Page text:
SUPER NINJA DOLL/TARZEENA (Infinity Video. $14.98 each): If you love those cheap and exceptionally skeezy soft-core skin flicks that they show late at night on Cinemax--the ones that feature the same six or seven people cavorting around the same two or three sets in the same three or four positions--but don’t want to have to wait until the wee hours of the morning to enjoy them, you will definitely want to pick up these two titles. The former has something to do with a sexy ninja super-heroine battling sexy intergalactic supervillains who are trying to take over the world via comic books while the latter has a sexy jungle girl battling a not-particularly sexy villain who wants to take over the world via something or other. Of course, I may be a little hazy on the plot details--suffice it to say, I watched the majority of these two films via the magic of fast-forward--but if you are worried about the plot details on these particular films, you may not be the target audience for them.
THEN SHE FOUND ME (Thinkfilm. $27.98): Having pretty much disappeared from view since the end of “Mad About You,” Helen Hunt makes up for lost time by making her feature directorial debut with a dramedy in which she stars as a woman whose midlife crisis, brought on by the departure of her rotter husband (Matthew Broderick) and the passing of her adoptive mother, is given a jolt with the arrival of a potential new fling (Colin Firth) and the sudden appearance of her birth mother. Since the latter is a brash talk show host portrayed by Bette Midler, you can be rest assured that wackiness, tears and a potential Cole Porter medley are just around the corner as well.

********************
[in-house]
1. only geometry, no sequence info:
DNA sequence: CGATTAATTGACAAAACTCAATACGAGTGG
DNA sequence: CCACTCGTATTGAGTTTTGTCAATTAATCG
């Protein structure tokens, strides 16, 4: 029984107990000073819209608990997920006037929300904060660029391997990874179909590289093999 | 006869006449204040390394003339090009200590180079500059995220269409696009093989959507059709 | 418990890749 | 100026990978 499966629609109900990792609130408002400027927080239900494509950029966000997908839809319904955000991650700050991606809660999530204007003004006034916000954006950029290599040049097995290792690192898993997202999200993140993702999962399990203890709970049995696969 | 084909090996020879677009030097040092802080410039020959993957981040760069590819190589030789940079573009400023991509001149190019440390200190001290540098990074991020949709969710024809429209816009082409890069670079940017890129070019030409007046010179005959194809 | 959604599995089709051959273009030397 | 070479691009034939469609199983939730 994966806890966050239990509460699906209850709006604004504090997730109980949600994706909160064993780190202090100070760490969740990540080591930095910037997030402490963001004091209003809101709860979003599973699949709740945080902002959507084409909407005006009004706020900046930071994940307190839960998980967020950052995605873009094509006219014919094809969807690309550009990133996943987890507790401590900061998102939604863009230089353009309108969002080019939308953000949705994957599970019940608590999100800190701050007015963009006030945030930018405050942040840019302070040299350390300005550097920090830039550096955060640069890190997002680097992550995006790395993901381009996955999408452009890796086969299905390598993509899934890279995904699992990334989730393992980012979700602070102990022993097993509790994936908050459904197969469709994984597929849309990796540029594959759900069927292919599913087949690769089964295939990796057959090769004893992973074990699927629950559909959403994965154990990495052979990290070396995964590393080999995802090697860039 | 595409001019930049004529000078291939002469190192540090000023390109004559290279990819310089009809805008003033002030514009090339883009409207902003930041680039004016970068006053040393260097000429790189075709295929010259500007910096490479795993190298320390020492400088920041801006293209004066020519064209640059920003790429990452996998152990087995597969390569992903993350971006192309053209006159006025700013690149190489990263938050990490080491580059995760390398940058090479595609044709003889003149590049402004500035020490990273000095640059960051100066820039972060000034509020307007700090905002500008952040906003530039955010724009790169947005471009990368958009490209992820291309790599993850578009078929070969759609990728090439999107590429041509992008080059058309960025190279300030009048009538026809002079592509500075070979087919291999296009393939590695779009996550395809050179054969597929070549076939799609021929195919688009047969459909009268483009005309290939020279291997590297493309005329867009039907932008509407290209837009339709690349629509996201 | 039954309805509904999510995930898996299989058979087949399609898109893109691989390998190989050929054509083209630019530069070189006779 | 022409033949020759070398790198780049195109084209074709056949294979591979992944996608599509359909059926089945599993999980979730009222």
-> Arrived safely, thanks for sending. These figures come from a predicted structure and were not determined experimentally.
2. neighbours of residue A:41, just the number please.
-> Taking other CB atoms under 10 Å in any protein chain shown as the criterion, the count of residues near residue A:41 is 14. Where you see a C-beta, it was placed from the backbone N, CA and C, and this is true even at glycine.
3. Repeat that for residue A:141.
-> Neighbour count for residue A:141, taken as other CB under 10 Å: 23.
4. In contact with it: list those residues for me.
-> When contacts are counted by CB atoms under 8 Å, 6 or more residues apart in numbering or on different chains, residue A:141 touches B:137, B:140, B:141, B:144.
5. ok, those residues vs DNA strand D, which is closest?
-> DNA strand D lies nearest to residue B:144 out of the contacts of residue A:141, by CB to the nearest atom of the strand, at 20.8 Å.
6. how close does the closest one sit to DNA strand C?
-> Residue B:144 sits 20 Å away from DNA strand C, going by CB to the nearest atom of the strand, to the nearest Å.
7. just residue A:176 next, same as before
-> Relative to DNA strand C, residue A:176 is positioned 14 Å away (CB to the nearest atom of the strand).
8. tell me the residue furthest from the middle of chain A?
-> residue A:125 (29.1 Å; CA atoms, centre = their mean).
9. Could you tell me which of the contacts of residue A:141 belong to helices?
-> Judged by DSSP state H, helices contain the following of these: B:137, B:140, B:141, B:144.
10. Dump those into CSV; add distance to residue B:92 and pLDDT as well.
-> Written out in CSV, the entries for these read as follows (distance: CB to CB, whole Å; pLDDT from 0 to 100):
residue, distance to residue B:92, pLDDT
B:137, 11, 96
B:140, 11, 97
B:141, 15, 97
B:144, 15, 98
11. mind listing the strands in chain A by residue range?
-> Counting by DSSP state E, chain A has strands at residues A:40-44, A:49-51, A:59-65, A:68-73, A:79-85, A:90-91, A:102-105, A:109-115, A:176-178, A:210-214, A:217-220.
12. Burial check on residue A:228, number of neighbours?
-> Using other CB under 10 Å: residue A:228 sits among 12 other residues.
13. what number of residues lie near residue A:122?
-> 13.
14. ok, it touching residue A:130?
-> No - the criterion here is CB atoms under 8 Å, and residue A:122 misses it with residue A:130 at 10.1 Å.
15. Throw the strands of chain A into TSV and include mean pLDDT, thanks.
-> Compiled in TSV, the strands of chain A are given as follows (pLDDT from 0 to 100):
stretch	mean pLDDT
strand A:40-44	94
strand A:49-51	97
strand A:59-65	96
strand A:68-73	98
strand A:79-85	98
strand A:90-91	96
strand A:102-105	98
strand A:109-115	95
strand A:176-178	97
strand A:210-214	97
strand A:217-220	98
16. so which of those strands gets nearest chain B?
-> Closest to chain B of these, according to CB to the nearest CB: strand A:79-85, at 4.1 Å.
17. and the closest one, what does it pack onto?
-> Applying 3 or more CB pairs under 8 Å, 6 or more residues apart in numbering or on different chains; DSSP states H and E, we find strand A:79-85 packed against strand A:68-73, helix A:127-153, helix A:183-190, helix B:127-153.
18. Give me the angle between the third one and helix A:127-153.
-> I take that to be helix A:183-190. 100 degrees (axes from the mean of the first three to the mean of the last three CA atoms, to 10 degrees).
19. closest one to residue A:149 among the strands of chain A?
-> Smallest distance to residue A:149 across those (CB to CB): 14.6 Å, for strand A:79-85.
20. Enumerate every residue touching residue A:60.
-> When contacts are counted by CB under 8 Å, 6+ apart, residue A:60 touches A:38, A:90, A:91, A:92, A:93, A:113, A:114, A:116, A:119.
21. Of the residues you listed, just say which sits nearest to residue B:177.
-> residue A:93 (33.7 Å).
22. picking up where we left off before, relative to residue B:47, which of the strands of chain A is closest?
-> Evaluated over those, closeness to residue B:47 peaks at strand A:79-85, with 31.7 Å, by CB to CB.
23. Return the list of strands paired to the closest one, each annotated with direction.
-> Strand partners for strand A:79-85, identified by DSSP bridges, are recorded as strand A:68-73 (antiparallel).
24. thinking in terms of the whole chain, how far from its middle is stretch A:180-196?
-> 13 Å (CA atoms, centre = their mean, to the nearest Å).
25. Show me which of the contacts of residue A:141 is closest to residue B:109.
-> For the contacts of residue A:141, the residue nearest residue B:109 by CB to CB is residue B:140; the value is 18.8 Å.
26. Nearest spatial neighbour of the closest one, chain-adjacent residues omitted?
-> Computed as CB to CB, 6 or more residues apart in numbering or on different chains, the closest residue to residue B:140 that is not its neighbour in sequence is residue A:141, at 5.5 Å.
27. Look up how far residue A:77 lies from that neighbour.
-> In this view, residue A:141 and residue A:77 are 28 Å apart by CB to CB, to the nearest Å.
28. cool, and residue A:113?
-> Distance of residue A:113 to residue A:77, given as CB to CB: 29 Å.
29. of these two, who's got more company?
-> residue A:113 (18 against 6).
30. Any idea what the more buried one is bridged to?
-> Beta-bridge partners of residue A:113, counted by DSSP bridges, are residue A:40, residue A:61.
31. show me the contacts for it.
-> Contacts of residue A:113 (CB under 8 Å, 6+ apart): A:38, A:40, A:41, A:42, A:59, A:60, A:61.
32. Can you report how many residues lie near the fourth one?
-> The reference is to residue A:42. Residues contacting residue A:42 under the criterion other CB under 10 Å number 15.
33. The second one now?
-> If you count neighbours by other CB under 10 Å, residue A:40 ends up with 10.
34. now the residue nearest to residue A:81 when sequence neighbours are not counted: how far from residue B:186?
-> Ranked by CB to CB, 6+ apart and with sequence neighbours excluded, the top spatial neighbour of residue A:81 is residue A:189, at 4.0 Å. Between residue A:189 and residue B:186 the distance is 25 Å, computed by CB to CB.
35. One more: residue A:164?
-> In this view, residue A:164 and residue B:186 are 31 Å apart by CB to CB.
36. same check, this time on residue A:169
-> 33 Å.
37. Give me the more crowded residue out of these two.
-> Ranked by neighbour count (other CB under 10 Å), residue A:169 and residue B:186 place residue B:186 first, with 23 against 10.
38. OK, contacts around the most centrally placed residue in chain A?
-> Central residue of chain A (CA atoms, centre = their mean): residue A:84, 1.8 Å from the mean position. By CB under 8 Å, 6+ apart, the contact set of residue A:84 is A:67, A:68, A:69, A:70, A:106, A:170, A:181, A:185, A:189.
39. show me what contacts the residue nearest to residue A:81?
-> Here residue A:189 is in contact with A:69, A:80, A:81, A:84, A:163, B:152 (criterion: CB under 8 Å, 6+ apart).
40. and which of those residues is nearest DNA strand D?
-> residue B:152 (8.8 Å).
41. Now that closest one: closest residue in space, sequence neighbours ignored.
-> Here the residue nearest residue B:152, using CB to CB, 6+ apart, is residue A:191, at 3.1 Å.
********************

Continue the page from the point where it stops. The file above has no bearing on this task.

link directly to this feature at http://www.efilmcritic.com/feature.php?feature=2544
originally posted: 09/05/08 13:35:28
last updated: 09/08/08 12:01:44